In addition to constantly changing coronavirus regulations, licensing lawyers now have to consider a changed legal landscape for theatres, the new regime for short term lets, and the impact of Brexit

Licensing lawyers are no strangers to changes in the law in their field. Since the Licensing (Scotland) Act 2005 was introduced there have been three additional pieces of primary legislation and over 30 regulations to absorb. However, 2020 took things to a very different place.

The Coronavirus (Scotland) Act 2020 was a statute like none other, passed to ensure licensing board business could continue in the grips of a pandemic, with new timeframes to protect licences. There followed a raft of regulations designed to suppress the virus – but the impact of their controls was, and continues to be, catastrophic for the licensed trade. 

Quite apart from closure and partial reopening, we have had a music ban, the 10pm curfew, restrictions on gaming machines, and mandatory collection of customers’ contact details. Face coverings became mandatory. There were the infamous café regulations, the Strategic Framework, and (to date) 10 versions of regulations from the relentless level reviews. With these regulations came guidance, and with guidance came confusion, local interpretations and a legal status that was at times impossible to pin down. Some of those regulations are now the subject of legal proceedings which question their basis in law and their proportionality.

While the focus for many licensing solicitors in 2020 was squarely on interpreting this continually evolving legislative landscape and supporting clients through the crisis, those in local authorities have also had other matters to attend to, as even in a pandemic licensing does not standstill. 

Theatre licensing

As of 27 January 2021, the Theatres Act 1968, which provided a licensing regime for premises used for the public performance of plays, will be repealed. Instead, as a result of an amendment to the Civic Government (Scotland) Act 1982 brought into force by s 74 of the Air Weapons and Licensing (Scotland) Act 2015, a local authority can resolve under s 9 to license theatres under its public entertainment licensing (PEL) regime. The licensing of theatres is therefore no longer mandatory, and after the end of the month in some parts of the country will be an unregulated activity.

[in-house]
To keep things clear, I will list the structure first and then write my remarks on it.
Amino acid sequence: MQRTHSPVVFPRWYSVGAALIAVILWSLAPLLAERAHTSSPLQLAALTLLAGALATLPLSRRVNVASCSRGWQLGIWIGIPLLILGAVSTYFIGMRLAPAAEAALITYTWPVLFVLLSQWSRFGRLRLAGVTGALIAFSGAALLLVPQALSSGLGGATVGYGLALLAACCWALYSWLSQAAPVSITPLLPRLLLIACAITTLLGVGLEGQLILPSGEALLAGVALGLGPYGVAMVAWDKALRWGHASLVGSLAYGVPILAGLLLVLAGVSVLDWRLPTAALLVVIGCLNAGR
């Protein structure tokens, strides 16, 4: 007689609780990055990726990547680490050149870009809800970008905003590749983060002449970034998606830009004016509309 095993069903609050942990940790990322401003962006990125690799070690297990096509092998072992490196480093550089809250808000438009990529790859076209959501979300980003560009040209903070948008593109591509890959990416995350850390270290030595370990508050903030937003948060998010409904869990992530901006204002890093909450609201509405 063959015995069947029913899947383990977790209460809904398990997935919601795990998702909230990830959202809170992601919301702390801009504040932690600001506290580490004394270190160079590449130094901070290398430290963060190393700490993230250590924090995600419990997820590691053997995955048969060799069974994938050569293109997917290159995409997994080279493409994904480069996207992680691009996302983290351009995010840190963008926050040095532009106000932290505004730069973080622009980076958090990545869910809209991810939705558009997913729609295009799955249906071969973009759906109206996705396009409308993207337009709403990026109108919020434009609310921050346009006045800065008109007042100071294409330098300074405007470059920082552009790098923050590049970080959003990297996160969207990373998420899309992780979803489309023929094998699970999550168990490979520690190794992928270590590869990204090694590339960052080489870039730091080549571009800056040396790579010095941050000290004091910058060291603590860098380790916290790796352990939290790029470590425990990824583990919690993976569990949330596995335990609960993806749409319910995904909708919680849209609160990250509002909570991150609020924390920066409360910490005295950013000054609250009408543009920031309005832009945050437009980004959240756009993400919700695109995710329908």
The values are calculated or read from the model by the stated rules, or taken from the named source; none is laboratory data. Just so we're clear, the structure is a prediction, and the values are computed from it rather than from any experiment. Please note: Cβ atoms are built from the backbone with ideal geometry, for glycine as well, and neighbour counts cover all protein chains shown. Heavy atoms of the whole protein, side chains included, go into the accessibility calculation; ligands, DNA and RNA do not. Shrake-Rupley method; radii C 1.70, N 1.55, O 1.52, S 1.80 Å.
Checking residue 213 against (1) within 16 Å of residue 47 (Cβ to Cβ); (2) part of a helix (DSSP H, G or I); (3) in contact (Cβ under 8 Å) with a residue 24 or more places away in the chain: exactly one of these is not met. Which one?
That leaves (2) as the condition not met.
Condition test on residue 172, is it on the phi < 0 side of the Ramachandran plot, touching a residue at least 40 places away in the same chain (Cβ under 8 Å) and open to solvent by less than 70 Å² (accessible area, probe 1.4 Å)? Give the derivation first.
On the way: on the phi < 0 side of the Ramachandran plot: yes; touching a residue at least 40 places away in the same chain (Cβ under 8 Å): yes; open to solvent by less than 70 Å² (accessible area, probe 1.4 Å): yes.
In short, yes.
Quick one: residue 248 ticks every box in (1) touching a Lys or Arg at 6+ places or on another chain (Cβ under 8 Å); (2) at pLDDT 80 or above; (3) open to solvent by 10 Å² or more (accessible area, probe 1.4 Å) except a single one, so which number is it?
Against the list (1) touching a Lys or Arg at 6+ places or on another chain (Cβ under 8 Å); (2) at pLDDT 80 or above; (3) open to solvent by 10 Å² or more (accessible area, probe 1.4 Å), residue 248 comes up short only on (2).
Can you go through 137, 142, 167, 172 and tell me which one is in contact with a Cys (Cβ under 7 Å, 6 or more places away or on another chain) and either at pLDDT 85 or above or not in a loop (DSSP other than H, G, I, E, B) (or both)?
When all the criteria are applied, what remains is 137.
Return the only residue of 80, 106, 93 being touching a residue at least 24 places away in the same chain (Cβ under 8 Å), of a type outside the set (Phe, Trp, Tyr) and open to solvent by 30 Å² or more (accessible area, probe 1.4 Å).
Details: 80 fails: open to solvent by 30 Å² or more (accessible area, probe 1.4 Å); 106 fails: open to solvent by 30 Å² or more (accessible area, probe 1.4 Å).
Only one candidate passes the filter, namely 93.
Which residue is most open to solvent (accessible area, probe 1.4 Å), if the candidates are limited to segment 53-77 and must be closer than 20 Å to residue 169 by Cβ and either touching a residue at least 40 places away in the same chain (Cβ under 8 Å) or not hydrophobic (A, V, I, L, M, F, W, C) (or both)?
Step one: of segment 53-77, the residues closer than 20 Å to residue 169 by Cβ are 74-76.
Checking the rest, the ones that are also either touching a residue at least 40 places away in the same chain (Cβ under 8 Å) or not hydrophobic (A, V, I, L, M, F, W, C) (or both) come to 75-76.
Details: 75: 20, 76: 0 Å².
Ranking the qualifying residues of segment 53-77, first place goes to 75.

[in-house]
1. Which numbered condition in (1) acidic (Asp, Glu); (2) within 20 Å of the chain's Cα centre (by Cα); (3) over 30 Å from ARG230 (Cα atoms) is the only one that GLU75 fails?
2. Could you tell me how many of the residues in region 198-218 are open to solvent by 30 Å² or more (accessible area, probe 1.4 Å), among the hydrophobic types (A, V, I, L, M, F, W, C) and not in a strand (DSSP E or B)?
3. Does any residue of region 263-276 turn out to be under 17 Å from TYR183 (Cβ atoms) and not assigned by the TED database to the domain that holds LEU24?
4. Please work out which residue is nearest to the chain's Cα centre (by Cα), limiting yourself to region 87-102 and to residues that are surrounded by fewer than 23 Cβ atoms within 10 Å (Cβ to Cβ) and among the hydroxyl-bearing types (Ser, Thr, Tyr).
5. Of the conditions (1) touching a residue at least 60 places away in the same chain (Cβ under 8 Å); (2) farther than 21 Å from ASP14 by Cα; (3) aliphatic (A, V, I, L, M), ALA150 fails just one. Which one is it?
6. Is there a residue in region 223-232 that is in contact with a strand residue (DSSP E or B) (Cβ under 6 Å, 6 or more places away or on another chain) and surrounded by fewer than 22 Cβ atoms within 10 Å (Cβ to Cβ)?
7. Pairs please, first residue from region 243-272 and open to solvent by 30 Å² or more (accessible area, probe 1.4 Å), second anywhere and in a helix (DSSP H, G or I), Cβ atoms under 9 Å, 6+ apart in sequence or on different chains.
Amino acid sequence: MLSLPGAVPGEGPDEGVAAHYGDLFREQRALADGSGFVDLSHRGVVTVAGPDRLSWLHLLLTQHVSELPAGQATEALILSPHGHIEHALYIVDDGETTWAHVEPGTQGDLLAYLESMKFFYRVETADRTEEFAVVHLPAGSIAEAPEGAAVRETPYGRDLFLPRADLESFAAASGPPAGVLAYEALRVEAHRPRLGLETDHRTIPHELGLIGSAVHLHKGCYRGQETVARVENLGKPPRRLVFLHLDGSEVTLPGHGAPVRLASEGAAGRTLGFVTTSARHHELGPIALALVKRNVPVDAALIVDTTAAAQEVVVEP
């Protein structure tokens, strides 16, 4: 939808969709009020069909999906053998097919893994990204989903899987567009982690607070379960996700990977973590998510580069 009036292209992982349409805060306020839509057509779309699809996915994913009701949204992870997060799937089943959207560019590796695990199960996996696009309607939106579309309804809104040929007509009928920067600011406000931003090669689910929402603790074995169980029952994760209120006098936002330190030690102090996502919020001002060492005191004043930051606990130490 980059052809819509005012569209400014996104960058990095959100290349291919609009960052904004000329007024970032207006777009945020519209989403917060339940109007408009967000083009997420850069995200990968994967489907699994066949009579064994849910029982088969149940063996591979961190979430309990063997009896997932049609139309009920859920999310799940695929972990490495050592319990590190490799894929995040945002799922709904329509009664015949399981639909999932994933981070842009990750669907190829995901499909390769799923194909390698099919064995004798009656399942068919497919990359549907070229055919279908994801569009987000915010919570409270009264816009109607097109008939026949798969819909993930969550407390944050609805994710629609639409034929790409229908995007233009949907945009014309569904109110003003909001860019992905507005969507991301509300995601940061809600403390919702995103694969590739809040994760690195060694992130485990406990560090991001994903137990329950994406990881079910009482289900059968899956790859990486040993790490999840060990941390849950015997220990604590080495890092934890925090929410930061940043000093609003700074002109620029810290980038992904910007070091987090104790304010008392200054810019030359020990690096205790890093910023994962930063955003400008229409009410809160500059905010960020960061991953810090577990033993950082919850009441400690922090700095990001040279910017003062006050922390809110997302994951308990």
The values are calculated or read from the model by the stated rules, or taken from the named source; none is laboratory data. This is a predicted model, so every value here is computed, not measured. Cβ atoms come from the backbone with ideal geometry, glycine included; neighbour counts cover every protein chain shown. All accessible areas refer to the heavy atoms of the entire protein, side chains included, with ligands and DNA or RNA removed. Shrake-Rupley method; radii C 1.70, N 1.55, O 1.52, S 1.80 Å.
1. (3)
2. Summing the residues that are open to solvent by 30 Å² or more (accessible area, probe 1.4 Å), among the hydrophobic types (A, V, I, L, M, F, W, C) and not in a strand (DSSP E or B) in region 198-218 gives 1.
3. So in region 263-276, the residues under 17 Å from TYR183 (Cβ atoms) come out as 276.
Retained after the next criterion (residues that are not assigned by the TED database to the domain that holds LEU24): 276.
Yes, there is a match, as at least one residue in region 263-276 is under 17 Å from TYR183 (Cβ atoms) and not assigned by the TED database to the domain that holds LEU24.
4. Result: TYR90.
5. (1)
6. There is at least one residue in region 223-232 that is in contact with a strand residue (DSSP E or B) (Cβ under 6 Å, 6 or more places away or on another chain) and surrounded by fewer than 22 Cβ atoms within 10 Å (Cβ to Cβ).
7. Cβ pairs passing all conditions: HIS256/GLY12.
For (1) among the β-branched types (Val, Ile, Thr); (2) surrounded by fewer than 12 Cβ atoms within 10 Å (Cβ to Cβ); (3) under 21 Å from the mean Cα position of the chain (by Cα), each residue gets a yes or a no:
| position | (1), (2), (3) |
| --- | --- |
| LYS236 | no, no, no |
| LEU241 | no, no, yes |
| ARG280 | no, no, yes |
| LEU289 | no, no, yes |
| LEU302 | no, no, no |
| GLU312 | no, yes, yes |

Some local authorities including Edinburgh did take the opportunity in 2020 and resolved to include theatres under their PEL regime. Others already had plays listed as an activity within their resolution, so that the requirement to hold a PEL automatically applies on the repeal of the 1968 Act. Notably, many theatres also hold premises licences under the Licensing (Scotland) Act 2005 so will continue to be exempt for that reason.

This shift in approach has not been widely publicised, so it is not clear whether all theatres were aware of the changes, which impact their very ability to perform the work which is at the core of their operation. With theatres sadly closed under Scotland’s Strategic Framework until they enter level 1, the smooth transition between the two regimes becomes a less pressing issue, but there will come a time that theatres are no longer dark. The show must go on and it must be properly licensed.

Short term lets (STLs)

The 1982 Act is set to be expanded in other ways this year, as it will also be the vehicle used to regulate short term lets (STLs). Unlike theatres, the licensing of STLs will be mandatory; however the local authority will have discretion to designate planning control areas. Within those areas planning permission for a material change of use would always be required for a dwellinghouse to operate as a short term let; otherwise the necessity for planning consent would be determined on a case by case basis.

The Government has determined that it will follow its original timetables on STLs, despite the impact of COVID-19. The regulations establishing the system will be in place by April 2021. Each local authority must have a live system for accepting applications in place by 1 April 2022, all hosts must apply for a licence by 1 April 2023 and that application must be determined and licence granted by 1 April 2024.

Impact of Brexit

The small matter of exiting from Europe has many practical impacts on the licensed trade, critically the effect on foreign workers within the industry, but in legislative terms there is only one piece of relevant licensing legislation. The Licensing (Amendment) (EU Exit) (Scotland) Regulations 2019 amend ss 102 (sale of alcohol to a child or young person) and 108 (delivery of alcohol by or to a child or young person) to include a UK driving licence as an acceptable form of identification. This does not replace the reference to a European driving licence but is in addition to it.

Licence holders can continue to accept the documents as before, and this minor but important amendment ensures that the law keeps up with the UK’s new status. Originally this was due to come into force on exit day, but this has since been amended by virtue of the EU (Withdrawal Agreement) Act 2020 to “IP Completion Day”, which was 31 December 2020.

The Author

Audrey Junner, partner, Miller Samuel Hill Brown

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